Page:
If I had been told a year ago I would go into this school year as a homeschooling mom, I would have laughed. Last school year looked incredibly different than this year.
We are now falling upon a new school year. Instead of attending staff inservice days and making sure all the student schedules at school are set, I am teaching my own children math and figuring out what works best in our daily schedule. This time last year, I was preparing to tell my principal that I was expecting my third child. This year, I am holding a teething toy in my hand, a five-month-old in my arm, and helping my four-year-old write the letter ‘M.’
I am a few days into our homeschooling, and I have already asked myself what on earth I am doing. Have you had the feeling like you are just in over your head?
There are so many newcomers to homeschooling this year, and I have seen so many comments about feeling inadequate. Parents concerned about teaching their child when they just barely graduated from high school themselves. Being someone who has worked in a school building for the past six years, I can say I feel exactly the same.
As I lay here next to E, my five-month-old, trying to get her to take her nap (her second one of the day, after she only napped for an hour the first time, when she normally naps for two), I wonder what on earth I am doing. How can I manage this? How can I teach my A, my second grader when she doesn’t want to pay attention? Plus try to teach L, my preschooler, his letters? Aaaand deal with a baby crying because she didn’t take a long-enough nap?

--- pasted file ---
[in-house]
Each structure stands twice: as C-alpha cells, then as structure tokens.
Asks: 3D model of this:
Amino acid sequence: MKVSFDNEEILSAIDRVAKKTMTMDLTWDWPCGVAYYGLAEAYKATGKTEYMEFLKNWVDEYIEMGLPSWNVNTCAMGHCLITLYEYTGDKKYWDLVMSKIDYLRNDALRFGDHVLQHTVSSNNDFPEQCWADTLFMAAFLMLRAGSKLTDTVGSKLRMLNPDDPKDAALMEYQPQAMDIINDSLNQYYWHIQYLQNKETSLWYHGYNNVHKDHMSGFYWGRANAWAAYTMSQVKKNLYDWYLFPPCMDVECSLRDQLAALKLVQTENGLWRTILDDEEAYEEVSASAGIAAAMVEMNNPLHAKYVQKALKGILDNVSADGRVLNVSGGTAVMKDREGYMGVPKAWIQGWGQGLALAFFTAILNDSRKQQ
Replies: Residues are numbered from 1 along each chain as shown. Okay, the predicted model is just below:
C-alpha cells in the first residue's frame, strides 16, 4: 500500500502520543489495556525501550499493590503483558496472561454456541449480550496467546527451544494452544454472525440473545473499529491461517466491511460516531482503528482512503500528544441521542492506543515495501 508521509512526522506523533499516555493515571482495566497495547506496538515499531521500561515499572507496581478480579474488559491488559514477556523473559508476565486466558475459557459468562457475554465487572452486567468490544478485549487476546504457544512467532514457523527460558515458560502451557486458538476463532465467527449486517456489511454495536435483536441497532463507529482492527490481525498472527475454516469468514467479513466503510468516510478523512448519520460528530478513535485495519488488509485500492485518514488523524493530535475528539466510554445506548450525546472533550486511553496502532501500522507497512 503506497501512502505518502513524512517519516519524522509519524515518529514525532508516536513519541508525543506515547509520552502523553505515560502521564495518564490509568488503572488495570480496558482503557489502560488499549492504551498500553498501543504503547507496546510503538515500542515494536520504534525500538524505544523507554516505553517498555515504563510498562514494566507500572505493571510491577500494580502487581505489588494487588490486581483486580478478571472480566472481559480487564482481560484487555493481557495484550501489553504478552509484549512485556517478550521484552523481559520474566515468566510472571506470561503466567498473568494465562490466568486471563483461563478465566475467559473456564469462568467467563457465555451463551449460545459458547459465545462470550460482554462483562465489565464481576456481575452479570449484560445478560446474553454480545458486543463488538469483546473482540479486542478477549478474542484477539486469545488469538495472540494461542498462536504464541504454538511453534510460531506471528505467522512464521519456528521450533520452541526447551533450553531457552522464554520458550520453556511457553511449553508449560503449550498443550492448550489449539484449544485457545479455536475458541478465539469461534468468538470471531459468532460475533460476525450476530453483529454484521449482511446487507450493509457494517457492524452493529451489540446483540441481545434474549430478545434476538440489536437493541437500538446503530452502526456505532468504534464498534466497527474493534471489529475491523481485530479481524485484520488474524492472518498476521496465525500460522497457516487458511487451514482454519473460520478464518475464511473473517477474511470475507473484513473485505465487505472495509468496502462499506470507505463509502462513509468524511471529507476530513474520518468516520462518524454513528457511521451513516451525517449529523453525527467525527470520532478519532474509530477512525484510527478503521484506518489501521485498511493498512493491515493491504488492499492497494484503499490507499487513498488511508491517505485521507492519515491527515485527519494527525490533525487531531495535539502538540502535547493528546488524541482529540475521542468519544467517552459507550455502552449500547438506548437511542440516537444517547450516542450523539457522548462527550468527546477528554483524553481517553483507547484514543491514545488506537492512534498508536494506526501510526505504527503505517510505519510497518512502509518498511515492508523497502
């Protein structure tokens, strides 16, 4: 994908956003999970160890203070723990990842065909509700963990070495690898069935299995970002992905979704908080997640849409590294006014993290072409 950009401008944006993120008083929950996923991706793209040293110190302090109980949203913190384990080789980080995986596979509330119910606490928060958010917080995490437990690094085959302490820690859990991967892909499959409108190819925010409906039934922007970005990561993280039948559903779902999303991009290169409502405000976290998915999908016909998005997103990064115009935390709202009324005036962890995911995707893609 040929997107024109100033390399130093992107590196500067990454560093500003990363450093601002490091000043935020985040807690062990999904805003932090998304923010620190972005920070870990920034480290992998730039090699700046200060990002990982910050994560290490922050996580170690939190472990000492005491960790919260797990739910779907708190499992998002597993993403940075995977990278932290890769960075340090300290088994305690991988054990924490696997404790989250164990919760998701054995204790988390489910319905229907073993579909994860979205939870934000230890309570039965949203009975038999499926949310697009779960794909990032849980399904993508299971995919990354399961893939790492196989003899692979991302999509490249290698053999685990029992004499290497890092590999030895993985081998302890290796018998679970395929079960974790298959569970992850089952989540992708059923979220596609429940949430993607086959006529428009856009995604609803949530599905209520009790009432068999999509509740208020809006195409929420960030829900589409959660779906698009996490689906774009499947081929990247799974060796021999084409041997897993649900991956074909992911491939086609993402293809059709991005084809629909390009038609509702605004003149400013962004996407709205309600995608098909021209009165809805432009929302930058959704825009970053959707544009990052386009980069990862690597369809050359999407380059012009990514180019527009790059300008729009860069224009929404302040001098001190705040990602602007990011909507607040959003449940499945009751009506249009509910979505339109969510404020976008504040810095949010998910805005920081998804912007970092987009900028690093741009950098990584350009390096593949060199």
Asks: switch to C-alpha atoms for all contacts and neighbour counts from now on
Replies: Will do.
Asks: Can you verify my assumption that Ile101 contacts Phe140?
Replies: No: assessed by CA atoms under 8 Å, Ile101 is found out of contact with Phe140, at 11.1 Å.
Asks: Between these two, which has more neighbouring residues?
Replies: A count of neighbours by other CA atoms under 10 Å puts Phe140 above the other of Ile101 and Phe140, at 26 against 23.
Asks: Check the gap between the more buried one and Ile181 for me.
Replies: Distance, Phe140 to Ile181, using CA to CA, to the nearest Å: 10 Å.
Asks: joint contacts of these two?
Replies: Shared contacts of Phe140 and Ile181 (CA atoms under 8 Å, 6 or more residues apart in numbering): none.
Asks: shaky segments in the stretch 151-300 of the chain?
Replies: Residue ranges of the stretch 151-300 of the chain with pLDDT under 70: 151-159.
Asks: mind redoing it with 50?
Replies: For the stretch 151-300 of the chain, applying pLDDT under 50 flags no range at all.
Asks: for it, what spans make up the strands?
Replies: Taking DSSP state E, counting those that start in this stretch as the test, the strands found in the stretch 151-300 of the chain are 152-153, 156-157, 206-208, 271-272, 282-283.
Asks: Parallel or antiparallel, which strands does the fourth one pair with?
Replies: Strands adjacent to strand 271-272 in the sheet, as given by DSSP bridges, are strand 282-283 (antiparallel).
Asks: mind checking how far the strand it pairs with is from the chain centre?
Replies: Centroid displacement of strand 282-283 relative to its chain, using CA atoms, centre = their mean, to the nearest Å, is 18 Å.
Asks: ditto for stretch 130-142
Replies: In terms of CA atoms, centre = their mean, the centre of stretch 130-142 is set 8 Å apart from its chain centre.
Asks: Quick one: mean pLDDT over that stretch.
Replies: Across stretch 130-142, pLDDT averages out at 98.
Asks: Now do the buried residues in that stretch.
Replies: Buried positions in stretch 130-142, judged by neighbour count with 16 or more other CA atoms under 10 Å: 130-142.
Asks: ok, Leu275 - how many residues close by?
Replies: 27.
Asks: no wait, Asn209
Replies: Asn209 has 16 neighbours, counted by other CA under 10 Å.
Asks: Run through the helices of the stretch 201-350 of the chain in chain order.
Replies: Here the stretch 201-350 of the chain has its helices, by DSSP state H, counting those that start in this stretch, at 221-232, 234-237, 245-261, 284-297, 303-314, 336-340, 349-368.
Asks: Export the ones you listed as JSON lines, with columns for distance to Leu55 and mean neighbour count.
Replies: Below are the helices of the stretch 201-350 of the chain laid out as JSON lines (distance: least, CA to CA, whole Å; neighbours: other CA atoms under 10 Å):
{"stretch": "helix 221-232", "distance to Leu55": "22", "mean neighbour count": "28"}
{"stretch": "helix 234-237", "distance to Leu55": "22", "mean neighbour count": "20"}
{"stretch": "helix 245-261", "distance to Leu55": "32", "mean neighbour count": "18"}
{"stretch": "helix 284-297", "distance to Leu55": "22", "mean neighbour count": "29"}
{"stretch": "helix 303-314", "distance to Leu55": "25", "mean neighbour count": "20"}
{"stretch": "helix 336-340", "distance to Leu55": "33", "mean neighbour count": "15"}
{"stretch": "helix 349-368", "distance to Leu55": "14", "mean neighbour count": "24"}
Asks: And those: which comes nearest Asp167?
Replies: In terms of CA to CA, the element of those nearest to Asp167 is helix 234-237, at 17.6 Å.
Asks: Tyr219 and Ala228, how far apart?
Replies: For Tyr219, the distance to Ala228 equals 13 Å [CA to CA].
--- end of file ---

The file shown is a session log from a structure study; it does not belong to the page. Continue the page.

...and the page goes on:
Anyone else ever feel like this?
I had a full-time job. My kids were in school or daycare. Although my job as a school counselor was stressful and included many long days, I knew what I was doing and could do it well.
This is a whole new ballgame.
Buuuut. I’ve got this. You’ve got this. There are going to be hard days. Absolutely. Days where I just want to give up. But I will keep telling myself that it’s all worth it. My kids will learn. They will. It might get frustrating, but they will learn. Even better: I get to be with them through it all.
I get to watch my infant grow to be a toddler (no missing the first time she crawls or walks!). I get to watch my preschooler learn letters and sounding out new words (and maybe even read a book or two by himself!). I get to watch my second grader discover new things and grow as much as she wants (and also slow down and work more on the harder stuff).
It’s all worth it. I’ve got this. You’ve got this.